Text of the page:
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3D-printed body parts designed for teaching anatomy


July 15, 2014

Monash University's Michelle Quayle shows off part of the Printed Anatomy Series kit

Monash University's Michelle Quayle shows off part of the Printed Anatomy Series kit

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While we might not hear much about a "worldwide shortage of cadavers," the fact is that in developing nations and other places, they are in short supply. It costs money to properly embalm and otherwise prepare the bodies, plus they need to be kept refrigerated, and they can only be dissected under strictly-regulated conditions. A team from Australia's Monash University, however, has developed what could be the next-best thing – highly-realistic 3D-printed cadaver body parts.

The university's 3D Printed Anatomy Series actually takes the form of a kit that contains models of all the parts needed to learn the anatomy of the limbs, chest, abdomen, head and neck. It is believed to be the first commercially-available resource of its kind.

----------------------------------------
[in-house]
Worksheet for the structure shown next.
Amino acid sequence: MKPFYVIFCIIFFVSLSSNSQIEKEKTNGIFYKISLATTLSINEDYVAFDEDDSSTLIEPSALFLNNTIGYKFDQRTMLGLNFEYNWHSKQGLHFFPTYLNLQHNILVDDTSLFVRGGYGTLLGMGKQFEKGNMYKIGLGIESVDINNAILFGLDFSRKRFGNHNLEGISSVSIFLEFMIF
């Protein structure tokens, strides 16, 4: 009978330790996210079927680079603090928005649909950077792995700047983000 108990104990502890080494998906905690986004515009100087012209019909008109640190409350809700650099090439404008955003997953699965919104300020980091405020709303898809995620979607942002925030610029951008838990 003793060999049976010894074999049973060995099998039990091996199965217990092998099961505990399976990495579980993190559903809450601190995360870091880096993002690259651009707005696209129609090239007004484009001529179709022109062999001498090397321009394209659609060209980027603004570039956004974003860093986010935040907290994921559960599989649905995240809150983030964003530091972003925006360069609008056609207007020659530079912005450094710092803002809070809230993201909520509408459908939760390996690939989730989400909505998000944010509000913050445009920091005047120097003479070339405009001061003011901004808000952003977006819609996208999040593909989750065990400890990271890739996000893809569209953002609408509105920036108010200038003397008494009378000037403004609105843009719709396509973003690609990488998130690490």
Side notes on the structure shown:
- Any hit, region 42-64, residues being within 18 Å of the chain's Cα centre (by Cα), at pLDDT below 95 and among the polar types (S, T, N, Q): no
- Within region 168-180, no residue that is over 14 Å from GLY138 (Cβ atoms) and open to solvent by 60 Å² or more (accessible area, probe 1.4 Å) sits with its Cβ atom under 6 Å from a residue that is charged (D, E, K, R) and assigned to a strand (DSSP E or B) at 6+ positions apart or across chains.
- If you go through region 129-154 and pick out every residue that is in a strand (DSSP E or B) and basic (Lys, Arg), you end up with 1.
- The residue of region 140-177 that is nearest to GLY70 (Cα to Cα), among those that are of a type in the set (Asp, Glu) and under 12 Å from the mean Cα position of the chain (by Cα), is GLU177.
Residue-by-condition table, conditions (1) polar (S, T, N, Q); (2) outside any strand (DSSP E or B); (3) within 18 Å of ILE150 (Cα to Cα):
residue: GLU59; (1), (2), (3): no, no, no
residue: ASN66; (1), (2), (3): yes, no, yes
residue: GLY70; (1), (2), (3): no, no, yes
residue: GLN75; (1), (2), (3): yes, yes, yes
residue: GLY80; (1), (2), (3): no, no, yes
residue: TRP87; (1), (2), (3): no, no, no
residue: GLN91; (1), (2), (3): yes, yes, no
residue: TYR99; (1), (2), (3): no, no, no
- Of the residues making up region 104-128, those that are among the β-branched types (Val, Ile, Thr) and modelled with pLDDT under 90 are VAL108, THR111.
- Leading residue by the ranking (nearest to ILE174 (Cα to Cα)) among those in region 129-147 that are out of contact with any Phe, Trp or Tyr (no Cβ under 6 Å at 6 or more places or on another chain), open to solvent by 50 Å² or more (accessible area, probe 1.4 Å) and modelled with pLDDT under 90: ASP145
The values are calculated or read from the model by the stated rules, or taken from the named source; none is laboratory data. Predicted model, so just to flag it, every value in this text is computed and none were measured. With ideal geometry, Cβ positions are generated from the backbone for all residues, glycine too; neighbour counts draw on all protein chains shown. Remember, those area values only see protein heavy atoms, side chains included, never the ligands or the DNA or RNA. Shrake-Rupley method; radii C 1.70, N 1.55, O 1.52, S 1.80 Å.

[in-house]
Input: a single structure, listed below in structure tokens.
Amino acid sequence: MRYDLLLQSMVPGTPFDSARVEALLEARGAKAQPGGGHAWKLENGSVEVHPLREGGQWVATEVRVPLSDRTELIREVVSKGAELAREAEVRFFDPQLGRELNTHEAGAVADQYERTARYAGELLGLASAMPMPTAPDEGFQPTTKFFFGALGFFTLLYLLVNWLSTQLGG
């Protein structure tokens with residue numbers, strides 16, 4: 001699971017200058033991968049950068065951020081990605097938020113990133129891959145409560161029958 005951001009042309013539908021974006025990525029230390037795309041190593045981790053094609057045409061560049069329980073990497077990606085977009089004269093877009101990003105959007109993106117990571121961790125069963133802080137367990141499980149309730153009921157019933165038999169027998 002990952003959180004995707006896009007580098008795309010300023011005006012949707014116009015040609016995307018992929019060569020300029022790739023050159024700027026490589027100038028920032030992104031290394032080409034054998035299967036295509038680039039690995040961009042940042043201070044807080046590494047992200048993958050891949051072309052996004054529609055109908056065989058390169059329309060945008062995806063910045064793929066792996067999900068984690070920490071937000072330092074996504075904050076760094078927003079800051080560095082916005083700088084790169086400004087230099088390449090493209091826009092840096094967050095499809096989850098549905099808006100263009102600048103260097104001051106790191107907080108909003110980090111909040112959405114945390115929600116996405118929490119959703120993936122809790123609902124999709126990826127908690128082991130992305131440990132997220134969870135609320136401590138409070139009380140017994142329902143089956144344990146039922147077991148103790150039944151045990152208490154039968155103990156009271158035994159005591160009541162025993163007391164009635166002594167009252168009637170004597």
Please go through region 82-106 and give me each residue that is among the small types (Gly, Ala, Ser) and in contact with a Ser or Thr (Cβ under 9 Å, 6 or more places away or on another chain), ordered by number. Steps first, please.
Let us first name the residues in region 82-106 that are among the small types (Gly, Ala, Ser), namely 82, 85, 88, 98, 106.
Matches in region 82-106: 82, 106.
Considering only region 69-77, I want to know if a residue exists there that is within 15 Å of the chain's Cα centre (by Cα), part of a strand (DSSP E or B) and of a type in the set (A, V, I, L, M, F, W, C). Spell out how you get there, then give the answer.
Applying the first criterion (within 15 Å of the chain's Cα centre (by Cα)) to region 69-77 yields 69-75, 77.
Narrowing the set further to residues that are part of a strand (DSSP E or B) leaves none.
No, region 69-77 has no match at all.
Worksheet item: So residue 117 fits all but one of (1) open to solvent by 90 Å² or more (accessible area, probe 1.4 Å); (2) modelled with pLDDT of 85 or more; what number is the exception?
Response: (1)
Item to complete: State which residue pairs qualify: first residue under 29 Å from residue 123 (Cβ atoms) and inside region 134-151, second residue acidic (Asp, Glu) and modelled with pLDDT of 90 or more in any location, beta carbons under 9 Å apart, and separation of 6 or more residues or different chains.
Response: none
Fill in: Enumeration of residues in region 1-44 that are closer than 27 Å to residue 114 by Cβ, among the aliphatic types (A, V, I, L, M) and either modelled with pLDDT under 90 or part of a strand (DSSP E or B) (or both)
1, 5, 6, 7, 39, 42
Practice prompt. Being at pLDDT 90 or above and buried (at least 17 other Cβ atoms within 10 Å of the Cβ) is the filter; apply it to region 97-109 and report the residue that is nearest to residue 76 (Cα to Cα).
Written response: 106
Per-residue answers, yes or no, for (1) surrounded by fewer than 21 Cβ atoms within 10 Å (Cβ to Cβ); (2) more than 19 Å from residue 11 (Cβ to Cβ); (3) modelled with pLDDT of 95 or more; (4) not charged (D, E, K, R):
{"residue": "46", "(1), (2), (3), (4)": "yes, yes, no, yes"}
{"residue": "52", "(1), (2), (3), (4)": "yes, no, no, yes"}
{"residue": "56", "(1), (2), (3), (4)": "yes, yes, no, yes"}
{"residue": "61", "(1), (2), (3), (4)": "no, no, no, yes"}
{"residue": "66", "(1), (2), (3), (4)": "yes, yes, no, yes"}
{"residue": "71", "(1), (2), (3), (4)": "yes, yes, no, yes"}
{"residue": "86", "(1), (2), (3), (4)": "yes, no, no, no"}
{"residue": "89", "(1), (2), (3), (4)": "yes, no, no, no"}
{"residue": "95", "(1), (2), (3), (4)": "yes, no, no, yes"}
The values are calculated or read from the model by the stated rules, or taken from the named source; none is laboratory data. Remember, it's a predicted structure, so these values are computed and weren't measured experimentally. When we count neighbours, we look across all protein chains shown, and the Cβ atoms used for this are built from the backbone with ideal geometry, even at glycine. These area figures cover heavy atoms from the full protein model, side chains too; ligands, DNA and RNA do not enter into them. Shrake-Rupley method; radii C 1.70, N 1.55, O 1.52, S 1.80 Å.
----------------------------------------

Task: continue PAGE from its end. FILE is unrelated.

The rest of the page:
To make the models, real body parts are first scanned using either a CT or a surface laser scanner. The data is used to create a 3D computer model, that is colored to match the specimen. Using that model, a 3D printer then creates a high-resolution physical model from either plastic or a "plaster-like powder."

The kits can be produced relatively quickly and easily, and should reportedly be much more cost-effective than real cadavers. They also won't deteriorate nearly as quickly, won't smell of embalming fluid, and shouldn't present a problem in countries where religious beliefs forbid such use of bodies.

The university is currently negotiating with potential commercial partners, and expects the kit to be available later this year. A paper on its development was recently published in the journal Anatomical Sciences Education.

Source: Monash University

About the Author
Ben Coxworth An experienced freelance writer, videographer and television producer, Ben's interest in all forms of innovation is particularly fanatical when it comes to human-powered transportation, film-making gear, environmentally-friendly technologies and anything that's designed to go underwater. He lives in Edmonton, Alberta, where he spends a lot of time going over the handlebars of his mountain bike, hanging out in off-leash parks, and wishing the Pacific Ocean wasn't so far away. All articles by Ben Coxworth
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